Although the SBA itself doesn’t directly loan money to businesses, the agency incentivizes lenders (like banks) to approve small businesses for borrowing by guaranteeing all or part of their loans. For lenders, that means lower risk and higher reward.
This being said, however, because SBA loans are so desirable for small businesses, you’ll have to meet a number of specific requirements and go through a lengthy application process in order to qualify.
As we mentioned (and despite the more involved process), SBA loans are one of the best types of small business funding. With the qualification requirements, however, borrowers with strong credit who are looking for long-term, low-interest loans are going to be the best fit for working with the SBA.
How SBA Loans Work
There are three main SBA loan programs that help a wide variety of small businesses get debt financing: the 7(a) Loan program, microloans, and 504/CDC loans.
7(a) loan program: First, the 7(a) loan program is the most common of the SBA’s various programs for one simple reason—it’s the most flexible SBA loan available. Through this program, borrowers can access up to $5 million in small business funding for working capital, equipment purchases, real estate buys, basic startup costs, or even debt refinancing.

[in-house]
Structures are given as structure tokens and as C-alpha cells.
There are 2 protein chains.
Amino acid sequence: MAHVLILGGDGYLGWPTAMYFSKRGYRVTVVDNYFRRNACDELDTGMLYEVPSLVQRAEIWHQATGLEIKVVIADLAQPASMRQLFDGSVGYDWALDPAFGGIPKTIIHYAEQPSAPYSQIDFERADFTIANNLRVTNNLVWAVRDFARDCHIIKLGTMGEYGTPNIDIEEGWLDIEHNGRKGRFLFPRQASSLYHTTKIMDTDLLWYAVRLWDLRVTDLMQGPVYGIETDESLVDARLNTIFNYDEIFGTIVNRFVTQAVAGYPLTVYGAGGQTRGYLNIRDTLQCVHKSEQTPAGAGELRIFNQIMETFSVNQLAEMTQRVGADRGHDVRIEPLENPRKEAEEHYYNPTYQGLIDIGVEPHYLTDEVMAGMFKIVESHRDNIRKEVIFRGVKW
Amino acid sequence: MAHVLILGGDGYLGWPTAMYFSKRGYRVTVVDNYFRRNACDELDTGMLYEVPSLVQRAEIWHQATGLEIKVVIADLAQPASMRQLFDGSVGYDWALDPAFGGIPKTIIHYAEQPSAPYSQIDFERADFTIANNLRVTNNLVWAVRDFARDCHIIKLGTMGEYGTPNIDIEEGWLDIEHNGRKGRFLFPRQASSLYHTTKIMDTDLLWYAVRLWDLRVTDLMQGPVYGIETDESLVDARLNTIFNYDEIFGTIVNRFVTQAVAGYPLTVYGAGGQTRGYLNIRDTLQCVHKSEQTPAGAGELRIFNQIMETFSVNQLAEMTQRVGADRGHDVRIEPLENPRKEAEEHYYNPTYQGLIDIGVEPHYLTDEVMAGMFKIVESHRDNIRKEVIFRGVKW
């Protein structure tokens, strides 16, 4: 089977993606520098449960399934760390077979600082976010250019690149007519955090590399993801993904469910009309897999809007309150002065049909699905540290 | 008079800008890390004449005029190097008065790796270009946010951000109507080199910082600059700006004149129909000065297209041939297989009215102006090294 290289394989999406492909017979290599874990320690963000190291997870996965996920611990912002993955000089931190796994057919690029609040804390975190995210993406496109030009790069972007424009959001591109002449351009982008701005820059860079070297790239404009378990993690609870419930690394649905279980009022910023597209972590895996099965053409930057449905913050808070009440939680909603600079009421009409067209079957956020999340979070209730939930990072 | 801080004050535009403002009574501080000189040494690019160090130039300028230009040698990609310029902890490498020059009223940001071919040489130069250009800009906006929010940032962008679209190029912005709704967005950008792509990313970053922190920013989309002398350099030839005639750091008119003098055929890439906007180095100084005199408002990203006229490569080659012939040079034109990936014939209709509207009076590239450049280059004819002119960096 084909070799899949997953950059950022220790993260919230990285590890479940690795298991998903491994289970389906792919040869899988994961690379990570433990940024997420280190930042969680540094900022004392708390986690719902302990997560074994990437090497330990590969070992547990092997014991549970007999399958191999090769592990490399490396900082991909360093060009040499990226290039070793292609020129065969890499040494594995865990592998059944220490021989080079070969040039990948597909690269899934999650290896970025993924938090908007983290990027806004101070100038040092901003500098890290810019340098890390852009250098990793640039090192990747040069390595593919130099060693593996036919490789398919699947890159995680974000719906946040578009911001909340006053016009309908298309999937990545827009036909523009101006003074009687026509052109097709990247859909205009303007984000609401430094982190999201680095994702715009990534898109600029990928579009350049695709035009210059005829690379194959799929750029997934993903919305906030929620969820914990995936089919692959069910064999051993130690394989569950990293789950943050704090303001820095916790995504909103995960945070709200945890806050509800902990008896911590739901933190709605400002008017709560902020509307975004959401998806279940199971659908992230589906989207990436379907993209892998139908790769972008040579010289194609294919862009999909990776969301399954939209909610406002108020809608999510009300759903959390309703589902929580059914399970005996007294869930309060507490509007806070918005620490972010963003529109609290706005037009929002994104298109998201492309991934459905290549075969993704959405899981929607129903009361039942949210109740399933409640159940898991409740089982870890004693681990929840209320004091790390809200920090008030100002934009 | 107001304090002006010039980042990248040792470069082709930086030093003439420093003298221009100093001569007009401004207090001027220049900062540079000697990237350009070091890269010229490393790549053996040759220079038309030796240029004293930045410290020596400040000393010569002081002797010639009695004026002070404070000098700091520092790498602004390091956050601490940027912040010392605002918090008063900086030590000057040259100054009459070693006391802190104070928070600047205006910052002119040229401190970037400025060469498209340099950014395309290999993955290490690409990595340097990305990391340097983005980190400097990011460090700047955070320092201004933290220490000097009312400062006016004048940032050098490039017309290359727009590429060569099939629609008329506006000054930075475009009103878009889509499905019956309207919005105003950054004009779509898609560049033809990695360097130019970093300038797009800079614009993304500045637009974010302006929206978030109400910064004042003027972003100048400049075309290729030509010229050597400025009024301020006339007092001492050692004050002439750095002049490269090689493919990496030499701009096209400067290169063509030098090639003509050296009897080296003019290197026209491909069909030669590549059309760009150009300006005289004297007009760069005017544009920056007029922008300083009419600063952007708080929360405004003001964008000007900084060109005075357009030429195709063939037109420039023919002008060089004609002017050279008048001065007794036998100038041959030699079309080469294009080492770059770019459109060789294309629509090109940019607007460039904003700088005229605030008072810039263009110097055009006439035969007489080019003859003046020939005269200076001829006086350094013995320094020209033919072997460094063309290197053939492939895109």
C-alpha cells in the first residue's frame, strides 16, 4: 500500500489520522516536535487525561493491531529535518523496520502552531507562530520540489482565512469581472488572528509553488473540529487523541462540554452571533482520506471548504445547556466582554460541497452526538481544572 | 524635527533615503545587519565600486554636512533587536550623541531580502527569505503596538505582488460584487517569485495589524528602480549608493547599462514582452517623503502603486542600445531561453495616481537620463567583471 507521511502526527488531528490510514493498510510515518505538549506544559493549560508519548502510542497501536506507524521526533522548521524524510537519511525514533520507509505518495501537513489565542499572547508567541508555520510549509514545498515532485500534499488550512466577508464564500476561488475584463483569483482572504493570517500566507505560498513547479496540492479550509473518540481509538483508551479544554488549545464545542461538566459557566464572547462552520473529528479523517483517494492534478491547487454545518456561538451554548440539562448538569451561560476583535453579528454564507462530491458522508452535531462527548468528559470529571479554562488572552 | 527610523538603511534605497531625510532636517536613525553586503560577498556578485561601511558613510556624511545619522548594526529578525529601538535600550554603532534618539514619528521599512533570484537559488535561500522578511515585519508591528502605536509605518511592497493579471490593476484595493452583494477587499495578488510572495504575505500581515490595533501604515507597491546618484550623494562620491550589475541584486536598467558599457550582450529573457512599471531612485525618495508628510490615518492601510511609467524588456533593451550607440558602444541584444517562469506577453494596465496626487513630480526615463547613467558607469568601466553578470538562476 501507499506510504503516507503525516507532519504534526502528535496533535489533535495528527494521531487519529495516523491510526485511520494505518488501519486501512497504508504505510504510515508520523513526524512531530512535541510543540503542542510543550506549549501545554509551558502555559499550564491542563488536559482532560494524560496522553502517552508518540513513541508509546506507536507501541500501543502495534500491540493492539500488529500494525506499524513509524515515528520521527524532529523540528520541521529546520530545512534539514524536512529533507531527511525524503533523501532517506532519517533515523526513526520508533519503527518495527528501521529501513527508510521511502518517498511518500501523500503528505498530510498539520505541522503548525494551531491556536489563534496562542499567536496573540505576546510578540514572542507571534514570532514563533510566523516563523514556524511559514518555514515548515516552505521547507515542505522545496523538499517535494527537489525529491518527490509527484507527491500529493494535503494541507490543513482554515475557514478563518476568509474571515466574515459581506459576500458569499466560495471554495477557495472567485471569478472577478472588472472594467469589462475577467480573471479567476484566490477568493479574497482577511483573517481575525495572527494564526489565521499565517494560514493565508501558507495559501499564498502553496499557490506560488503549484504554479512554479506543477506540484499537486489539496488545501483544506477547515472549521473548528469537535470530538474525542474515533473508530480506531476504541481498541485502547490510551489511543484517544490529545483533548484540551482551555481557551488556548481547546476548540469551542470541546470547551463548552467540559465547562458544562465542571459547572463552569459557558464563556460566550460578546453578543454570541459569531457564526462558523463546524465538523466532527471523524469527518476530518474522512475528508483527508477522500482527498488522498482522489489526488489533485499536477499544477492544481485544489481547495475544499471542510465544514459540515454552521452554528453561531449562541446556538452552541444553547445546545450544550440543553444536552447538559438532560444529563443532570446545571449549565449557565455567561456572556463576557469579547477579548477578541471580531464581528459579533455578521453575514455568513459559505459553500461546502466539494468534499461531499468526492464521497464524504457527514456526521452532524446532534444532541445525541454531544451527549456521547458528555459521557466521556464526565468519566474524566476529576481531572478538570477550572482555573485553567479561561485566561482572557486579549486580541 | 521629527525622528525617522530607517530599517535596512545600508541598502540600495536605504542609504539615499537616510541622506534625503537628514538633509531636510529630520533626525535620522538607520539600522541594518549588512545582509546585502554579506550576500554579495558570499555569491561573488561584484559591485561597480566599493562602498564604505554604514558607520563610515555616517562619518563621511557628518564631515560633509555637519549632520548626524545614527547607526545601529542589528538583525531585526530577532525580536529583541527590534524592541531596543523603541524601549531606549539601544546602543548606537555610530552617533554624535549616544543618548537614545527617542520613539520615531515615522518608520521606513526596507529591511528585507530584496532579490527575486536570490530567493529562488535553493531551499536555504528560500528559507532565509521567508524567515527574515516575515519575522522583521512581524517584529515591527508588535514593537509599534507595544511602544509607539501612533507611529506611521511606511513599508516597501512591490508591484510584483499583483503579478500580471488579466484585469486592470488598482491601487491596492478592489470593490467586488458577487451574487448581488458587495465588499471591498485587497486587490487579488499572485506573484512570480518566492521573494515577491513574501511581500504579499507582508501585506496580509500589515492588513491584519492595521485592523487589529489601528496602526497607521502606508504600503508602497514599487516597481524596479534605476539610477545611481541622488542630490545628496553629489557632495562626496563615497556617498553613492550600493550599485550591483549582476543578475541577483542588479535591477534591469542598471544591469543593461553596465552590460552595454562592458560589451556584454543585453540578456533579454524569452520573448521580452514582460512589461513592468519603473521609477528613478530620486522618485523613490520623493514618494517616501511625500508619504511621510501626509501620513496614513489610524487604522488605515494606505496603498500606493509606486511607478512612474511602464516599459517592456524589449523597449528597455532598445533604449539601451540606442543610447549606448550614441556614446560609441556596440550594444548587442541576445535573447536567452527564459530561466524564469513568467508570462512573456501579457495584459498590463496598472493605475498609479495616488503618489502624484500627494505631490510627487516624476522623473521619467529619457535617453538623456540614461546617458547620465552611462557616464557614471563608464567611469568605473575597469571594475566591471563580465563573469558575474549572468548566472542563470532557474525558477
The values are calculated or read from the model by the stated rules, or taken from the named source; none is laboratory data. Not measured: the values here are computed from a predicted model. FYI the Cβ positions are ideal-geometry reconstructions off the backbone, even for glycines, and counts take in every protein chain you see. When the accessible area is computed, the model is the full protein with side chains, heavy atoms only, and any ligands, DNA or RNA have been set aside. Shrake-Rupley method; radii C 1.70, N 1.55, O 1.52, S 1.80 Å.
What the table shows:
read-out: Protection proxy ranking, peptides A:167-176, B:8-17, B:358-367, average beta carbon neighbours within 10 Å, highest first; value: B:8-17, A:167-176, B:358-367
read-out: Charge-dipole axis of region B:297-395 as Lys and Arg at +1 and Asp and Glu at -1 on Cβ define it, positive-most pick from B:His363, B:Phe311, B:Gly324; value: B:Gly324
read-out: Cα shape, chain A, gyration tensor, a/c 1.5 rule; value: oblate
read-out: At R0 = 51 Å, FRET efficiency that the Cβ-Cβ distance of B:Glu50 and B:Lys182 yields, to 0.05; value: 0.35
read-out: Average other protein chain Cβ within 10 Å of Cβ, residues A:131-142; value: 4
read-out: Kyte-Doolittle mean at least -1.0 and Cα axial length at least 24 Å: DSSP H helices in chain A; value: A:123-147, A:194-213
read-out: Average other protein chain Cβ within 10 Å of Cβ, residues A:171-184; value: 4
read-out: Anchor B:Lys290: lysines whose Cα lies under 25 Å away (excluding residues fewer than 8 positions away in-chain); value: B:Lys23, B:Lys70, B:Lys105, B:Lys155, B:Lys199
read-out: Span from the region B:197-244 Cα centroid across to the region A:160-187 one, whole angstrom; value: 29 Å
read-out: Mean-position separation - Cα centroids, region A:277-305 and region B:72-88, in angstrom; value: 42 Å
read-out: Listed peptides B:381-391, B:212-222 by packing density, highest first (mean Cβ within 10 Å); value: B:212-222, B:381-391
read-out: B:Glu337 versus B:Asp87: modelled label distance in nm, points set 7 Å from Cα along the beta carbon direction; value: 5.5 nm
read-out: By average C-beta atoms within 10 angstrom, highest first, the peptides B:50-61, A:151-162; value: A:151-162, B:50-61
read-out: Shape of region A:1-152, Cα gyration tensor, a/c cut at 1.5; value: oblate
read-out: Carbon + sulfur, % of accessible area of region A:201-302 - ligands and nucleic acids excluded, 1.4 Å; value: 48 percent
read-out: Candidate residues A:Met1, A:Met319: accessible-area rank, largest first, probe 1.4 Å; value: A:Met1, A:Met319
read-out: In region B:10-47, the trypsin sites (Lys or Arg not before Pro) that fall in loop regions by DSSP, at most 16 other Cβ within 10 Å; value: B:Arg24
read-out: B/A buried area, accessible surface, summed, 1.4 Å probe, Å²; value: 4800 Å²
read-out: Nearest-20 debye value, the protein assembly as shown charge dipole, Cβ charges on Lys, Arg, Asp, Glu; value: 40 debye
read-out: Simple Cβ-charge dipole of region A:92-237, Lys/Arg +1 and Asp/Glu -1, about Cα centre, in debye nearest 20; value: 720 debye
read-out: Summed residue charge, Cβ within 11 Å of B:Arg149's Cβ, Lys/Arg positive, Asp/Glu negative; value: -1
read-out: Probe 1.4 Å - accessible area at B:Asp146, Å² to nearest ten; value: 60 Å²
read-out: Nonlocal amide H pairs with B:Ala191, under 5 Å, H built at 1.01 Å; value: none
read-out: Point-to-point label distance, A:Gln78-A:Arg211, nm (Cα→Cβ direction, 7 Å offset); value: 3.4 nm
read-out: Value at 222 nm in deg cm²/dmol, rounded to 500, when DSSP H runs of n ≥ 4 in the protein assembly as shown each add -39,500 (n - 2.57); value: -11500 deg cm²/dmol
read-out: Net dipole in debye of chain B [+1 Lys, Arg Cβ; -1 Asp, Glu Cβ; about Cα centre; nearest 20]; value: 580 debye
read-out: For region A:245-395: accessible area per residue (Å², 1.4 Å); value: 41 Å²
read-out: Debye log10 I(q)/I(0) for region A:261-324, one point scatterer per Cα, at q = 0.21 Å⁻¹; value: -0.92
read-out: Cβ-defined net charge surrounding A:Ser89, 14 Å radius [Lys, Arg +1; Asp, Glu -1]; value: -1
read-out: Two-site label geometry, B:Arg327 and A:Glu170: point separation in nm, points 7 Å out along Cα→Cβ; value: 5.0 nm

Microloans: Microloans are just what they sound like—small loans (under $50,000) for business owners who need just a little bit of business funding to take the next major step. Entrepreneurs often struggle with getting access to smaller loans from banks because these loan sizes aren’t profitable for them, so SBA microloans fill this need.
504/CDC loans: The third type of SBA loan, the 504/CDC loan, is for financing the purchase of real estate or other major fixed assets—like large equipment, land improvements, or the costs associated with improving an existing building.
It’s important to remember that for all of these loans, individual SBA-approved lenders and banks will determine your eligibility. Generally speaking, you should have good credit, and your company should be profitable or have a compelling business plan with positive projections. If an SBA lender approves you, they’ll also determine your loan’s interest rate and repayment term—within certain boundaries set by the SBA.
SBA Loan Example
What can you expect with an SBA loan?
SBA loans are similar to traditional term loans, but with better interest rates and longer repayment terms. The SBA sets interest rate caps depending on the type and size of the loan. For example, you might get a 10-year, $100,000 SBA 7(a) loan, which would have a maximum interest rate of 2.75% plus the market prime rate (as of November 2019, the market prime rate is 4.75%, making the maximum interest on this SBA loan 7.5%).
This being said, if you think an SBA loan is the best small business funding product for you, you can look to SBA lenders like Celtic Bank or SBA marketplaces like SmartBiz for access to this type of financing.
Business Lines of Credit